The governor of North Carolina has adopted the Biden administration’s push toward renewables. He is requiring the state to aim at supplying 8.0 gigawatts of electricity from offshore wind by 2040. Those turbines will be near Brunswick County and Kitty Hawk, North Carolina, and thus near some of the state’s most appealing tourist spots. That has caused a ruckus because of their possible negative impacts on tourism.
In a series of essays, Jon Sanders of the John Locke Foundation points out that the Brunswick County turbines will be 853 feet high, while the Kitty Hawk turbines will be 1042 feet—taller than North Carolina’s tallest building and five times the height of the lighthouse at the states Cape Hatteras. (See illustration above). So, writes Sanders, the government is trying to assuage residents:
“On March 21, Cooper’s “N.C. Taskforce for Offshore Wind Economic Resource Strategies” (NC Towers) brought “industry experts, academics, and government officials” to try to quell Brunswick County residents’ concerns about offshore wind. From the sounds of it from WRAL’s ‘climate change reporter,’ attendees to the presentation were made to think that the turbines would be barely visible. For example:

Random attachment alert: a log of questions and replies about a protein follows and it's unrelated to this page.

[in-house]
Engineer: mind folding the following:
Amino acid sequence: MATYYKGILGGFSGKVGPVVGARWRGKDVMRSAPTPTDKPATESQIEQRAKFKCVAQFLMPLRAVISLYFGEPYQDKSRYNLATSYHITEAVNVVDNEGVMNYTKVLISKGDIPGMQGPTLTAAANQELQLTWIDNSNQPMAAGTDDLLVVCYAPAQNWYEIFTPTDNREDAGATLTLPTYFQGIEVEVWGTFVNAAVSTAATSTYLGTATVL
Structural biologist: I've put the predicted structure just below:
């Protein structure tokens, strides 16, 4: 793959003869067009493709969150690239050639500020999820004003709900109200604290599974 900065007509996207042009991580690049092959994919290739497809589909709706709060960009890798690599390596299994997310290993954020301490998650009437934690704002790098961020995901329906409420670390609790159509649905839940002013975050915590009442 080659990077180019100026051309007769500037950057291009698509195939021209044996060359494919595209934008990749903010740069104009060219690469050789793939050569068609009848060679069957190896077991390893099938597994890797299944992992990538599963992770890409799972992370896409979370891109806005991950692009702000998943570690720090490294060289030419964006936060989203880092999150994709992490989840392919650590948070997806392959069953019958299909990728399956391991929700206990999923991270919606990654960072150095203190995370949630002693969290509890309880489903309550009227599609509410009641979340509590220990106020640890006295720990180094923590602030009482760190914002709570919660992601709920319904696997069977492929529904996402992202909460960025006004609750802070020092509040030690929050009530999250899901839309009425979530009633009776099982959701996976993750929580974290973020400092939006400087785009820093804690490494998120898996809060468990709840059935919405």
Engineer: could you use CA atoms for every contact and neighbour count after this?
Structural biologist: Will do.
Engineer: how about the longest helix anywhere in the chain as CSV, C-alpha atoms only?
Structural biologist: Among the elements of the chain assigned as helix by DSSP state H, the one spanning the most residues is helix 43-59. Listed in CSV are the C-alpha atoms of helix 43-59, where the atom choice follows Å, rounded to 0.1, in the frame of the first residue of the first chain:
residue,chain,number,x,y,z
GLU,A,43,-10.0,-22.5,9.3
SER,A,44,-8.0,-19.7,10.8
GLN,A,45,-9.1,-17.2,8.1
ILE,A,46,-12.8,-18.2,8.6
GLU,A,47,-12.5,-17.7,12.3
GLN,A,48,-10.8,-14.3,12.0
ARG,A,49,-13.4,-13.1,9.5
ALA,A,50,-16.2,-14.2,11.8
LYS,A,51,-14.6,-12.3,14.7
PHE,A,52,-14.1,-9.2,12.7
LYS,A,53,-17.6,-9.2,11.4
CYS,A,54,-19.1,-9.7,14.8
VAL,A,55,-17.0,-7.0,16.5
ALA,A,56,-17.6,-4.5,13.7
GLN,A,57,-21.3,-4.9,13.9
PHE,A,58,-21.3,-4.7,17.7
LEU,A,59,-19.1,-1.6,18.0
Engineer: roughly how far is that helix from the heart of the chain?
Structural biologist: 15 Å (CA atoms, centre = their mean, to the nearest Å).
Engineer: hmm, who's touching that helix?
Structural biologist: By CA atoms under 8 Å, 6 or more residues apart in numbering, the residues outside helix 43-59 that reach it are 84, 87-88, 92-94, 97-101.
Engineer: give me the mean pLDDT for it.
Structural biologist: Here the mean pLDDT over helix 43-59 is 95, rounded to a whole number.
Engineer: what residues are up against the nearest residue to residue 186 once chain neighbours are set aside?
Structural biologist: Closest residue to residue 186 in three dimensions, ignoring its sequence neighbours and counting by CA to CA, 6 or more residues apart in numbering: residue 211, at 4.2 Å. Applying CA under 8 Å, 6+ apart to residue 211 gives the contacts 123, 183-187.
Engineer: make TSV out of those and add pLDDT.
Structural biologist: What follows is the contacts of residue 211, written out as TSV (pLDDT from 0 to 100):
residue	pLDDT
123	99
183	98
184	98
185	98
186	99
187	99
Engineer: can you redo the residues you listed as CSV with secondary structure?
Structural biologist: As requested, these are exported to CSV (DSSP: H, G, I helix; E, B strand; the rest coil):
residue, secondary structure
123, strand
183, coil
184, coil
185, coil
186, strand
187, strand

‘Katharine Kollins, president of the non-profit Southeastern Wind Coalition (SEWC), says residents would likely only be able to see the turbines with binoculars.’
“Only with binoculars? That’s simply not accurate at all. There are plenty of reasons to expect large wind turbine arrays a few nautical miles offshore to be arresting features on the horizon, destroying residents’ views and sending tourists to unspoiled coastlines in other states.”
Sanders reports that in 2015, under the Obama administration, a study of proposed wind energy off the New York conducted by the Bureau of Ocean Energy Management found that “wind turbines up to 24 nautical miles (NM) off shore would ‘strongly attract the visual attention of views’ owing to their ‘strong contrast’ to the horizon—and from some vantage points wind turbines would ‘dominate”’the view.” These towers would have been 577 feet tall, well below the turbines currently under consideration.
“Coastal residents have significant reasons to worry about viewshed disruption from large arrays of enormous wind turbines off the coast—regardless of what self-interested government officials and advocacy groups try to tell them.”
Image above courtesy of the John Locke Foundation.